Therefore, the Court agreed with the contentions of the respondent counsel because a challenge to the e-auction is in question remains pending before the learned tribunal, neither would the Bank be permitted nor would it be proper for the Court to delve into the petitioner’s prayer in giving finality to the auction sale and providing with them with a sale certificate.

Case 2: M/s K R Feeds Mills and Others vs Bank of India and Others

The Extension of the OTS Scheme by the Bank because of the Lockdown does not mean the defaulter will also get the benefit of an extension for repayment in a six-month period.

[Bench: Hon’ble Justice Shri Rakesh Kumar Jain and Justice Shri Ashok Kumar Verma of the High Court of Punjab & Harayana in CWP 7294 of 2020]

The lockdown has prevailed an economic to the functioning of a stable system of Banking. The Bank & RBI in protecting the system from any adverse effect had made reforms so that the system can rebuild itself. This has also created a constructive reason by the persons who are using informative tools for illicit delaying tactics. This case is an example of delay tactics being employed by the defaulter for not paying the dues. 

Fact.–  The petitioner is the borrower/guarantor and is a defaulter in two loan accounts of Rs 3.40 Crores and Rs 3.11 Crores both were declared as NPA. The respondent Bank had issued a notice under Section 13(4) of the SARFAESI for an e-auction on the date 28.04.2020 on both accounts. The accounts of the petitioner were declared as NPA in April 2015 from notice under Section 13(2) of the SARFAESI on 11.04.2015 recalling for the payment of default amount. The respondent bank published an e-auction sale notice date 20.04.2020 and the date of sale was fixed on 16.03.2020 which was later postponed by another publication for e-auction on 31.03.2020 and the date of sale was fixed on 27.04.2020.

However, the Bank for clearing its NPA accounts started an OTS (One Time Settlement Scheme) by the name BOIOTS-2019, whereby, the petitioner has applied for one-time settlement of both the loans. The bank issued the last date for BOIOTS 2019 scheme on 31.03.2020. The petitioner had made two applications on 13.03.2020 which requested to deposit 70% of the secured portion.

The petitioner was allowed to deposit Rs 43 Lakhs against the NPA account but the petitioner sought 3+6 month time to deposit the remaining amount. The respondent then later averted in the letter dated 23.04.2020 whereby it mentioned the petitioner inability to deposit 70% of the amount under OTS scheme which made their application under the scheme got rejected.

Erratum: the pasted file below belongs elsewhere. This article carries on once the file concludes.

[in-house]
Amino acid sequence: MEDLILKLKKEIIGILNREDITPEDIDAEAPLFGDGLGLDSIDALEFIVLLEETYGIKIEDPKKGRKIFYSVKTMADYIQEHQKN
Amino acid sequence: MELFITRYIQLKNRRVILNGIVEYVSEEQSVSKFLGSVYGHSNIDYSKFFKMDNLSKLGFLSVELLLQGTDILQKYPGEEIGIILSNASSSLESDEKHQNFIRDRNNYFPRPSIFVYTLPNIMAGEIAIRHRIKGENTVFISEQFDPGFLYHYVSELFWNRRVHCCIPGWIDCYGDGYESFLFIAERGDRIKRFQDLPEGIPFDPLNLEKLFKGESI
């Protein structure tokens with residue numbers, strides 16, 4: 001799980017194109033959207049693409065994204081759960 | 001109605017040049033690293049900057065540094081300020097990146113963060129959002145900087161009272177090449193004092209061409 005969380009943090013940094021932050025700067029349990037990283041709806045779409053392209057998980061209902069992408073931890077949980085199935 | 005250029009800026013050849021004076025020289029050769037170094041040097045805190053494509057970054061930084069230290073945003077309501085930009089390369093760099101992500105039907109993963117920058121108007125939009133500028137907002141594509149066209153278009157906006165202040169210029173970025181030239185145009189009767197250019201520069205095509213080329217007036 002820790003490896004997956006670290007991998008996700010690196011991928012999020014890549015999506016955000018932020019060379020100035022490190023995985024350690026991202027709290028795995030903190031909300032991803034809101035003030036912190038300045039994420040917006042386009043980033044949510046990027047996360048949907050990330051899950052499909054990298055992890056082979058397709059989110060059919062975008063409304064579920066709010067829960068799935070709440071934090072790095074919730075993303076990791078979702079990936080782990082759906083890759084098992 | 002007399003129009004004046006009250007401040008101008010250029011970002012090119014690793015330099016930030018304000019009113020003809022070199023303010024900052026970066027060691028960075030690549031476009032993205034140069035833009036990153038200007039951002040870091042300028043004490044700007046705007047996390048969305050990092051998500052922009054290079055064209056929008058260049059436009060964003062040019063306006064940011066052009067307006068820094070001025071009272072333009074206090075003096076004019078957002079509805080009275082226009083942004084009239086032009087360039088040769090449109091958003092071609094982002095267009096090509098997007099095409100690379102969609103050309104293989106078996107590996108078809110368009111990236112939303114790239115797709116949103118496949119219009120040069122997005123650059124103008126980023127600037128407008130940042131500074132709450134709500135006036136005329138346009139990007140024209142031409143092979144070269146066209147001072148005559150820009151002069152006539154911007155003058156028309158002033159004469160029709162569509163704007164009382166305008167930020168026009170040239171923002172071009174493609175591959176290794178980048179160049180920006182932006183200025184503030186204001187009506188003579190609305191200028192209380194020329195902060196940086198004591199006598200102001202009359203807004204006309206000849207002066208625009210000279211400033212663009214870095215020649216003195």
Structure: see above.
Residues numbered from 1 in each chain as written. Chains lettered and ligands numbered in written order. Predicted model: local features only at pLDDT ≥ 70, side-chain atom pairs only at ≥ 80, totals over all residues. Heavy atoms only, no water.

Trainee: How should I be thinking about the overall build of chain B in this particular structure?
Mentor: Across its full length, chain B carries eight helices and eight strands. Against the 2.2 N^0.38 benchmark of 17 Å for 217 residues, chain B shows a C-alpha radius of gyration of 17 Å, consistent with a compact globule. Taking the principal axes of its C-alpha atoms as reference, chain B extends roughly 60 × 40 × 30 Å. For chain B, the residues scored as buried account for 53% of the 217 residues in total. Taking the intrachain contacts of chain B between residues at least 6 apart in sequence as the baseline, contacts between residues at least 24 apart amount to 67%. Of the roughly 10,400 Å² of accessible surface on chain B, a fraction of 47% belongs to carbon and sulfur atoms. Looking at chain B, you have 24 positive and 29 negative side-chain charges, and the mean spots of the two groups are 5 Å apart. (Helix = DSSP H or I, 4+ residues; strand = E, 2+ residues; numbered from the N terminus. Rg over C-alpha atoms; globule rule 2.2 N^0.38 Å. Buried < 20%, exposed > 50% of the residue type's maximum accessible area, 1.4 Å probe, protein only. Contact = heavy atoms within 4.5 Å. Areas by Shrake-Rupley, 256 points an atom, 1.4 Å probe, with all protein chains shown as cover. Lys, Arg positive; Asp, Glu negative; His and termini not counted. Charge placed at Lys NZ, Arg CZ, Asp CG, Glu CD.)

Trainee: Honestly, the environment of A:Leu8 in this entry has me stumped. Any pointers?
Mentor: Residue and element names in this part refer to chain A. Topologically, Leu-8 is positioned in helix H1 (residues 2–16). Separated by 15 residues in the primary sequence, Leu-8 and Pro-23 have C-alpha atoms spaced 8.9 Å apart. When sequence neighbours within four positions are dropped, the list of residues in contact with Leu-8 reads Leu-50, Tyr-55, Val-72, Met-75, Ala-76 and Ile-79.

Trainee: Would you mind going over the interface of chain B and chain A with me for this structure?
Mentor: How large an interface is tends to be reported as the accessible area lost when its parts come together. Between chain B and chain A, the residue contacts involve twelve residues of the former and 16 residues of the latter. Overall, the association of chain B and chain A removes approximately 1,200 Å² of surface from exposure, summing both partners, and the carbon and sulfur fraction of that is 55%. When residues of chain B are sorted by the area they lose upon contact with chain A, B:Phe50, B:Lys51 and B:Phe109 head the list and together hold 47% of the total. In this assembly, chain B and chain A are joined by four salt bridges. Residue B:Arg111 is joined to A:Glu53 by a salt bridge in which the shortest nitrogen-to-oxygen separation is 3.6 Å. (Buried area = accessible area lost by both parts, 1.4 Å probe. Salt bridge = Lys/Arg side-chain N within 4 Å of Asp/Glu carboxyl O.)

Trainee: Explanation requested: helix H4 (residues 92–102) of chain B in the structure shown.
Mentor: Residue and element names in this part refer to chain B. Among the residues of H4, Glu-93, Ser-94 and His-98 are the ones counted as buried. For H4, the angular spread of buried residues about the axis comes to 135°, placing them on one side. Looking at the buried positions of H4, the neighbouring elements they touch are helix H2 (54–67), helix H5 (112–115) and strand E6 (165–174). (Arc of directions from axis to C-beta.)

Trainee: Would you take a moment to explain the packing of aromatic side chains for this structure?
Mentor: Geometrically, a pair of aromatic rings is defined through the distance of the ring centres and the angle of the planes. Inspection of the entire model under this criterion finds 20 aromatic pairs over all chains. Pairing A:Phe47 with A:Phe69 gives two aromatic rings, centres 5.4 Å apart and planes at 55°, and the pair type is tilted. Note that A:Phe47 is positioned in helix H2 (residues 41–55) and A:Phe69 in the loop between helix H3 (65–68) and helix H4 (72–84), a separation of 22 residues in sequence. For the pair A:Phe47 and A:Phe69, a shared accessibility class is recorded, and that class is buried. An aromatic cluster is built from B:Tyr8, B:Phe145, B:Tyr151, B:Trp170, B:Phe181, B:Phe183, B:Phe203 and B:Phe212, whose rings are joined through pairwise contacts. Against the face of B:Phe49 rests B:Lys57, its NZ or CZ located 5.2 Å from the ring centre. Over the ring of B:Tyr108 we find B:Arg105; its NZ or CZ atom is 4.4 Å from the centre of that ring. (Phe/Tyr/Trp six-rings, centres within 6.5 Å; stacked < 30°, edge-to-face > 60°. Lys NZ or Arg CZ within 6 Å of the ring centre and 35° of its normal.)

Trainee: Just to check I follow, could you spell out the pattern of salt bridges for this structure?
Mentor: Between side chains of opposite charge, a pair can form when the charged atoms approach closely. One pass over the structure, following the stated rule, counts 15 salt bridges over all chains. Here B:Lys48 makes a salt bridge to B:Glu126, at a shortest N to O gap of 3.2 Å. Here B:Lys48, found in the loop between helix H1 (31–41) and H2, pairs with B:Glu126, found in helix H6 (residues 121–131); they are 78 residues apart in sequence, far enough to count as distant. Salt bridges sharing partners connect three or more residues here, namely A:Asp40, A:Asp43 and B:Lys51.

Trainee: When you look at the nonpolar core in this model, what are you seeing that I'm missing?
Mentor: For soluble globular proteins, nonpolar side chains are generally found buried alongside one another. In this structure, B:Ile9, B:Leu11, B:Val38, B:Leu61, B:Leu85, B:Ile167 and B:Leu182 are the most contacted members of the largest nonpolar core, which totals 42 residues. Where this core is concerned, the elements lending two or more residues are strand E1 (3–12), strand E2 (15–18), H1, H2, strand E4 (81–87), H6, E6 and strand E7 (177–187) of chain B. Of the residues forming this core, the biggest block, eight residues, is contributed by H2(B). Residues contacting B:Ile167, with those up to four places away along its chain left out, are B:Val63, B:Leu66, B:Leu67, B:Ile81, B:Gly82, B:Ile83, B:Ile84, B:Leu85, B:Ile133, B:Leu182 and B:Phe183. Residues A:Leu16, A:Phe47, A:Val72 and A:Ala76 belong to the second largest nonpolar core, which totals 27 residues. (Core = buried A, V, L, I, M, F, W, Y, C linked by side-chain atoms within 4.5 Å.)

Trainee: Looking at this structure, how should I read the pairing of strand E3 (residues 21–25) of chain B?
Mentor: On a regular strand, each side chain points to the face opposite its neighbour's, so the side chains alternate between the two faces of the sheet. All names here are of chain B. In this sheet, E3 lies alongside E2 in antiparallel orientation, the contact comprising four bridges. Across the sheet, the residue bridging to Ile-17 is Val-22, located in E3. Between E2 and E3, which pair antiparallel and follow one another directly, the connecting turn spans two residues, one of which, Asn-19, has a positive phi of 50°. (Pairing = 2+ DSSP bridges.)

Eventually, the e-auction was conducted on 27.04.2020 and the mortgaged property was sold by the respondent, for a sum of Rs 93.3 lakhs, the intimation of which was known by the petitioner on 28.04.2020.

Thus, the petitioner has filed this petition for issuance of the writ of certiorari in quashing the notice dated 11.04.2015 and e-auction notices, also a writ of mandamus directing the respondent to allow the petitioner to deposit the balance amount within nine months in pursuance of the BOIOTS 19 Scheme.

Held.- The Court after reviewing the facts and the arguments of the counsels observed that the petitioner had 4 years from the date of the issuance of notices under Section 13(2) of the Act to in making the payments of the outstanding amount, and nor the petitioner challenged those notices before the Debt Recovery Tribunal.

As for the notice of e-auction is concerned, the respondent firstly decided to conduct the e-auction of the mortgaged property on Feb 2020 and sale of which on March 2020, but it was extended and e-auction was conducted on 27.04.2020. Also, the petitioner had availed the benefit from the OTS scheme but did not make a payment of 70% of the secured portion.

The petitioner alleged that it should have got benefit for the extension of the time period in the OTS scheme for extension in repayment instalments and waiver of interest from 01.04.2020 to 30.06.2020 because the respondent bank due to the ongoing pandemic of COVID-19 has extended OTS scheme up to 30.06.2020 as per the instruction issued on 24.04.2020 after the petitioner concern in the scheme was rejected on 23.04.2020.

The Court did not accepted the opinion of the petitioner as he was not approved for the scheme because of his expressed inability to enter into a compromise/settlement on the ground that OTS amount was not acceptable by the petitioner. Also, the mortgaged property had already been sold to the highest bidder and deposited 25% of bid amount on 27.04.2020. For this, petition to maintain, the petitioner has to make the bidder party to this petition. The Court forbid to entertain the petition on the quashing the e-auction sale because of the non-joinder of the necessary party into the petition.

The Court, therefore, dismissed the petition finding no reason to interfere in the actions of the Bank.